Lenovo Admits Ultrabooks need Work, Tablets threaten PC

lenovo thinkpad logo 2012

If there was ever a company who gets listened to within the PC market then Lenovo is it. As the world’s second largest PC manufacturer behind only HP, the company has been through it all with some products that have made it big and some products which have fallen flat. In either case, and when it comes to the latest generation of products available to consumers today, Lenovo has offered a unique insight in to their opinion on Ultrabooks.

Based on the upcoming release of Windows 8 and that software’s ability to be both tablet friendly and laptop friendly, the company thinks that currently ultra-portables are not at the stage where they can compete, although Lenovo have said that ‘Ultrabooks are the right direction’ for the PC market.

“We are going to keep breaking that barrier, to bring the ThinkPad to the next stage,” said Arimasa Naitoh, ThinkPad chief designer. “I’m not saying the ThinkPad clamshell will be replaced. I never think that. But in addition to that, we need to create something more.”

Moving on to current products, and Naitoh pointed out their latest Thinkpad X1 Carbon laptop which we covered earlier today, stating that this type of product paves the way for the future.

“Overall, the ultrabook is the right direction. It’s the start of the journey, so it’s not the destination,” Arimasa Naitoh said in an interview with journalists, adding that more aggressive pricing will help improve ultrabook sales. “In general you will see notebooks get thinner, get lighter, have the instant on connected capability. So I’m not worried about it.”

Of course, the real way that all ultra-portable laptops are going to cement their way in to the PC market is simple; they need to offer the same basic functionality as a tablet (i.e. be touch screen enabled), and they need to be competitively priced and affordable to the masses. The second of those points is very hard to achieve however, bearing in mind the manufacturing cost for a laptop is significantly higher than a tablet in almost all cases. One thing to note however is the Google Nexus 7 tablet, which boasts a 1080p display, a Tegra 3 quad-core processor and excellent build quality. Now we know that this is a tablet, however all it takes is one company to completely push the boat out with an Ultrabook release for all others to follow.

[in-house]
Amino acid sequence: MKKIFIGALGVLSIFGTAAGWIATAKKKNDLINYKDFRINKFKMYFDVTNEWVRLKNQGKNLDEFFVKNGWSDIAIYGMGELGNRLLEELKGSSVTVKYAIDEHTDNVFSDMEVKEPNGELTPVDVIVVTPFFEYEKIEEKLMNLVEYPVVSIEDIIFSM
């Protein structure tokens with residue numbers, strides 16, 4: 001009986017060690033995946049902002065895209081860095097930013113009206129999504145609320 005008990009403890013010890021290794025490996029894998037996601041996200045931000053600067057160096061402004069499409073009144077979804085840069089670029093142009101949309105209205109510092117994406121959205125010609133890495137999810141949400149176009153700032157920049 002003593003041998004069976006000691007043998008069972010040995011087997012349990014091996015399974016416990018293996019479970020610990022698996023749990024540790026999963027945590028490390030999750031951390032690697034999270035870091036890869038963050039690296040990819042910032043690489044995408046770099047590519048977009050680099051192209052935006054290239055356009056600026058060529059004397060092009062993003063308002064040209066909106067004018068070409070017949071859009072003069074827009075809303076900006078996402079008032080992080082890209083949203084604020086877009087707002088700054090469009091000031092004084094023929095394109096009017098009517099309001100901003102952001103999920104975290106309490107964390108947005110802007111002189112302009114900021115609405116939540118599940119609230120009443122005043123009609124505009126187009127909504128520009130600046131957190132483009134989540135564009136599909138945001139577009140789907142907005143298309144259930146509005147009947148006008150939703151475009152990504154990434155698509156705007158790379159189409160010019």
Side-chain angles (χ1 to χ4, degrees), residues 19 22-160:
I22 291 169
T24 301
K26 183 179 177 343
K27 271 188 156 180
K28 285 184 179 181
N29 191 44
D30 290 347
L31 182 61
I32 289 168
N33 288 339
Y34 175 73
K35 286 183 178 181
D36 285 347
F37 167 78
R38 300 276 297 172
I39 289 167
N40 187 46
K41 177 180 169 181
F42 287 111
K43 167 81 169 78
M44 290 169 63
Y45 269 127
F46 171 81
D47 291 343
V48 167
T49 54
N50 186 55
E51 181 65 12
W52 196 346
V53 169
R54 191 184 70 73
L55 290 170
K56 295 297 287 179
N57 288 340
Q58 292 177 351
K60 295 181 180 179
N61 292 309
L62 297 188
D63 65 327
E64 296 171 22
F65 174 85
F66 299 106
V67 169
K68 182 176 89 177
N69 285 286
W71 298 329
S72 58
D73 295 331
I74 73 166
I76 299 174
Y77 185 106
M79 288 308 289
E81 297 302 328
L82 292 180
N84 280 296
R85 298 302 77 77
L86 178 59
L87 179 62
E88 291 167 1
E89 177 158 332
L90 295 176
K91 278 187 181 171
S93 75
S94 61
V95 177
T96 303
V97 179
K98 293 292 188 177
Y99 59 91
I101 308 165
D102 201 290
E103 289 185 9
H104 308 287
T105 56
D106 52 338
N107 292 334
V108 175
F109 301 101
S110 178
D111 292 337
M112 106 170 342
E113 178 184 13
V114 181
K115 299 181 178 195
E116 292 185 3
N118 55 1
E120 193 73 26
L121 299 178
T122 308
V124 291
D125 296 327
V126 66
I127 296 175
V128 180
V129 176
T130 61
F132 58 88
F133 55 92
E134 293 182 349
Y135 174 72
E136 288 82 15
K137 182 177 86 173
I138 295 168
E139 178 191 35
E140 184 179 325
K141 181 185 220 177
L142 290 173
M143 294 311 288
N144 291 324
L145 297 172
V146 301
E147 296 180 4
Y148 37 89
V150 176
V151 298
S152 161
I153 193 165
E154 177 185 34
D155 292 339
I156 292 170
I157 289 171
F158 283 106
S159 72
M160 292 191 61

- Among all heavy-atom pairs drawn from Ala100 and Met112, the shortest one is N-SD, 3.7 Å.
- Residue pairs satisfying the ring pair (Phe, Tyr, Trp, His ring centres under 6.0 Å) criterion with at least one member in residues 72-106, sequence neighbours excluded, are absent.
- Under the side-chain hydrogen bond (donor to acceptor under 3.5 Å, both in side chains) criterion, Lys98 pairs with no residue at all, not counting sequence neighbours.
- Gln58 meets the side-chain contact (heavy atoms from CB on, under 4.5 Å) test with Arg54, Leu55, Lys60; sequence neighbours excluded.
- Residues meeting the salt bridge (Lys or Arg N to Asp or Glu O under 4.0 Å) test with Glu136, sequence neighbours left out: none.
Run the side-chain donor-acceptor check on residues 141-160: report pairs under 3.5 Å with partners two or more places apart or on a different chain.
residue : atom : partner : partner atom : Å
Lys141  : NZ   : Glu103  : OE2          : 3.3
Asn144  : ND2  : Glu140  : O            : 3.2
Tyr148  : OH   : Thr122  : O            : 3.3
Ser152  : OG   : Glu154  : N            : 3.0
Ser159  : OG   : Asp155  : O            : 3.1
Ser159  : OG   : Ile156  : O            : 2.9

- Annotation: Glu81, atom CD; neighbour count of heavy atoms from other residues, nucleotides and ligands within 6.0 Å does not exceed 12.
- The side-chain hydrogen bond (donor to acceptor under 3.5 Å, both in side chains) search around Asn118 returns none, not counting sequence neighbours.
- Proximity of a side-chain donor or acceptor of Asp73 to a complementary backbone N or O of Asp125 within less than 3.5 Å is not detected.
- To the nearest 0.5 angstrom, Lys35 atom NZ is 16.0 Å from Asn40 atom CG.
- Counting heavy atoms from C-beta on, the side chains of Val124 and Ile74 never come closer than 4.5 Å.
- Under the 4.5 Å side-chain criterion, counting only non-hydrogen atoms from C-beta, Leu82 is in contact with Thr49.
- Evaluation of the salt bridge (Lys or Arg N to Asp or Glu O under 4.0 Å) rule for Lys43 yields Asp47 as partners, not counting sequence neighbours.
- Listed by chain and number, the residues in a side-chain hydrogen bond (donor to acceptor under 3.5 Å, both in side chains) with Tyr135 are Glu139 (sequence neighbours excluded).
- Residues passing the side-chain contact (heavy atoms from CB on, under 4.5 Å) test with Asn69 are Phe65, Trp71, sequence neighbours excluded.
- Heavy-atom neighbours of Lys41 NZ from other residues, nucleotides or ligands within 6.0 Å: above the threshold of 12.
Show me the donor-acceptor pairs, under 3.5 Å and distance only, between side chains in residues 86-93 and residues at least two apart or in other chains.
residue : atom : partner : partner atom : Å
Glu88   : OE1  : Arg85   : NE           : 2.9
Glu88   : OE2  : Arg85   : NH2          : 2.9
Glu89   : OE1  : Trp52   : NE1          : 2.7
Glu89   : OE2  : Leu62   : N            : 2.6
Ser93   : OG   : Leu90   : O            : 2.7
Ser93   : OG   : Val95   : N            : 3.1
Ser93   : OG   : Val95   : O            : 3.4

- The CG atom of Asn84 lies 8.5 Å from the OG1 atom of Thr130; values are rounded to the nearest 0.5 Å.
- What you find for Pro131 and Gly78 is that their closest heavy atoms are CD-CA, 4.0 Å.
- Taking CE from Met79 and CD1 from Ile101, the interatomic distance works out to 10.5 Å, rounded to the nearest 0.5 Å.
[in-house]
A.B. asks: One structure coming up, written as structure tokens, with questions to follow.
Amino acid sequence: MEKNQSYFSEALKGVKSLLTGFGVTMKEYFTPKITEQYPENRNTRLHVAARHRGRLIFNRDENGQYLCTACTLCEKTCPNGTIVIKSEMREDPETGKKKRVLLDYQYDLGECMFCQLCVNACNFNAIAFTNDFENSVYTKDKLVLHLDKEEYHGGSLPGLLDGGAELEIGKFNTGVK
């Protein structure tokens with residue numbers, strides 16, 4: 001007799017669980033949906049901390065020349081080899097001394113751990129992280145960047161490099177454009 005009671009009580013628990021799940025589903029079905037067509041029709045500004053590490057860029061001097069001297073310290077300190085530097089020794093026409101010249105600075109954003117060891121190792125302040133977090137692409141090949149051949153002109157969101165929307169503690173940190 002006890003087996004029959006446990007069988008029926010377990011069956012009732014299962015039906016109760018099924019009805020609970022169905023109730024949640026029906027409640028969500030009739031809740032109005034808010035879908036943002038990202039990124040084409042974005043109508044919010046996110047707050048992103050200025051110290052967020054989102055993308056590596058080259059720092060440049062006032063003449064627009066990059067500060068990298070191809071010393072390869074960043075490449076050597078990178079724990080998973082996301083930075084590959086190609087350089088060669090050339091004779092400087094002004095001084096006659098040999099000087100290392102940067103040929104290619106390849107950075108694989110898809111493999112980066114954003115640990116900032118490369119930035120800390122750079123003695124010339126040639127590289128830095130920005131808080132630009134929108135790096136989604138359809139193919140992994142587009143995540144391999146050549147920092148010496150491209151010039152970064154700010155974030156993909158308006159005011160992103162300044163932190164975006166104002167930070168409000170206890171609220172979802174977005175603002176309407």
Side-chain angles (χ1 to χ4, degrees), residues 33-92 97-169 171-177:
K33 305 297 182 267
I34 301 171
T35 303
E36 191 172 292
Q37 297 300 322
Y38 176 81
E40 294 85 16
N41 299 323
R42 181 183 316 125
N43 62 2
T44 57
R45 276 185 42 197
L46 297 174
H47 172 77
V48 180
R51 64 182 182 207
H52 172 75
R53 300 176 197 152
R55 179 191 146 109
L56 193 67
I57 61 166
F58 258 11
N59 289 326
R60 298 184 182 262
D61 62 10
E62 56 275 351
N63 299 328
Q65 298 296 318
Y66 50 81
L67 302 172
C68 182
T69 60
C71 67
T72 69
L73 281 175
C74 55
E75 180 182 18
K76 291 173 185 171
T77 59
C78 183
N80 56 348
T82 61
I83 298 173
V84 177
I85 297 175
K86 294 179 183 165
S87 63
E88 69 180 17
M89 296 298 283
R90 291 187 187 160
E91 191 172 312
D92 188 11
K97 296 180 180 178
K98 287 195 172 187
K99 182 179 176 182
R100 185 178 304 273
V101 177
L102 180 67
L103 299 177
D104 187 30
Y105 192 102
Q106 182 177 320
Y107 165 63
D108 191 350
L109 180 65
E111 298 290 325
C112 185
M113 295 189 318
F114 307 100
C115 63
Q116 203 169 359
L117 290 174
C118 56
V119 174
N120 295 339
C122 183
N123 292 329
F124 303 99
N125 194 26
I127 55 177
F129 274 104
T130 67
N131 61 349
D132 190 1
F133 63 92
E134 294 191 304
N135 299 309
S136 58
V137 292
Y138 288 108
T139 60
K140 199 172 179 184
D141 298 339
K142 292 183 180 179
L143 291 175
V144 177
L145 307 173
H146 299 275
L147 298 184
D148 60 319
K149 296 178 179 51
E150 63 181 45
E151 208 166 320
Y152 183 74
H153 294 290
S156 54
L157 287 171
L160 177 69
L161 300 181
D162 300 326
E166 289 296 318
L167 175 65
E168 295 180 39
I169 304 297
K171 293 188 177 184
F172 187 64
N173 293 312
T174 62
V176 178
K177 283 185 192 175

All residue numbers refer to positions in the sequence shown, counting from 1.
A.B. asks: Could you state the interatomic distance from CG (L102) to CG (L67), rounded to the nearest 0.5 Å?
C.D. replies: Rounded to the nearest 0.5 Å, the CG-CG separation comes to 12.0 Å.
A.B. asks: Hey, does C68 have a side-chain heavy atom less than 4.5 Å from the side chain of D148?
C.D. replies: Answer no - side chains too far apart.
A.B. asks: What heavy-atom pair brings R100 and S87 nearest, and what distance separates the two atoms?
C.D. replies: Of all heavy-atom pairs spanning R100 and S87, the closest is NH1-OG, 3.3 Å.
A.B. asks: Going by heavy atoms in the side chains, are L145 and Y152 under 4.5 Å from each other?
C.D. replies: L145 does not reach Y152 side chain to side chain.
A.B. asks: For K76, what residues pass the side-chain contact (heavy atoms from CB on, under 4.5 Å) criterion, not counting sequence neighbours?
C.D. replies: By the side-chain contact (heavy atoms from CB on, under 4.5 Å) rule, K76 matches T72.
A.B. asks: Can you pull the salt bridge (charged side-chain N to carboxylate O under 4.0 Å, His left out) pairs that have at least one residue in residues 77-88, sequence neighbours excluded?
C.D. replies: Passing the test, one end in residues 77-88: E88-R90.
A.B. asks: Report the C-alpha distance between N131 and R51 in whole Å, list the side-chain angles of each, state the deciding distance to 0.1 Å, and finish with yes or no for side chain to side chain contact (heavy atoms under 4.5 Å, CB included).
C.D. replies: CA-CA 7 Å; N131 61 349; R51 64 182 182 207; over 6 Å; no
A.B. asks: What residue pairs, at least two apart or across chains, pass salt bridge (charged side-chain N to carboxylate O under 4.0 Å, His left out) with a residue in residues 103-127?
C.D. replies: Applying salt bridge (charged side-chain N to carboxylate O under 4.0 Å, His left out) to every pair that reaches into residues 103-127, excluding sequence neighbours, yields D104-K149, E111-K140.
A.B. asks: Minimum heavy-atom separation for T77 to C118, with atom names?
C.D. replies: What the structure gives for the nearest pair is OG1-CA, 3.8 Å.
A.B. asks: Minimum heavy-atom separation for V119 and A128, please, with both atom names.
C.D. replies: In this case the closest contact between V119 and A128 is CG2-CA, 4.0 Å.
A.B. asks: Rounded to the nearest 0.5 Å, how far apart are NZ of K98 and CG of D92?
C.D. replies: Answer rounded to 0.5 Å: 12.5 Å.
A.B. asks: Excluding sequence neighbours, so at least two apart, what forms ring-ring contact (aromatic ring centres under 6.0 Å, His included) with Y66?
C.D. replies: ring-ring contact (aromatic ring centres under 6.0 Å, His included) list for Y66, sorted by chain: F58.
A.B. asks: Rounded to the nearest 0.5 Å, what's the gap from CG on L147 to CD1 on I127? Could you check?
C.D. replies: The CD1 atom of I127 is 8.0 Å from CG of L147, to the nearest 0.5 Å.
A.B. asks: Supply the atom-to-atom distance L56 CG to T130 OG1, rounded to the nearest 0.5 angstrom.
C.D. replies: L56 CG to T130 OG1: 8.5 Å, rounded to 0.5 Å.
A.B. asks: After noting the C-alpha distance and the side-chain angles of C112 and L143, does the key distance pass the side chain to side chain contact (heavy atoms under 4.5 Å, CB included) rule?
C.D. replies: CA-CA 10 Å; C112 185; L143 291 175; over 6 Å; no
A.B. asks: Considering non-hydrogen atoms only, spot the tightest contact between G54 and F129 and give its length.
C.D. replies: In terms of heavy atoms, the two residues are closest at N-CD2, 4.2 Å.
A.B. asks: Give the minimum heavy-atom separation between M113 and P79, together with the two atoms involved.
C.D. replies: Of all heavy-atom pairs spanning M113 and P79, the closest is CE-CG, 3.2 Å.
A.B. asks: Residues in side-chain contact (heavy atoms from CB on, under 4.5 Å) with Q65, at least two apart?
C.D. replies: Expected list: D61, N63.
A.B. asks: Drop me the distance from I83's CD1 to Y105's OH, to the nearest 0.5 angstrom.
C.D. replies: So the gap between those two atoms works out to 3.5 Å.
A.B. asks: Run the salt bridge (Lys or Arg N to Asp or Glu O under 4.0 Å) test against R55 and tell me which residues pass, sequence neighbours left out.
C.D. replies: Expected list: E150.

For example and to follow on to the above, what if a company released an Ultrabook with the following specifications:

A 13.3″ LED backlit touch screen display

An Ivy Bridge Core i5 processor

A backlit keyboard

Solid build quality, utilizing hard wearing materials such as brushed aluminium

4GB of RAM

A design almost as thin as an ASUS Zenbook

Windows 8 pre-installed

- All of this for under £700, with a Windows 8 apps voucher included.

We reckon’ the above, no matter what the brand, would stir up a sugar-storm within the PC market and cause all manufacturers to step up their game. For its worth, and if we owned a large global hardware manufacturer, we’d deliver one to you guys; even if it meant selling it at a loss. And if we had billions in the bank (important).

Via: Computer World

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About Jakk

Consumer technology nut with a rather keen love for good writing. 22, owner of multiple consumer technology news and reviews websites, you can rely on me to offer all of you lovely UK consumers up to date information on Ultrabooks. Find me on . Follow me on Twitter.
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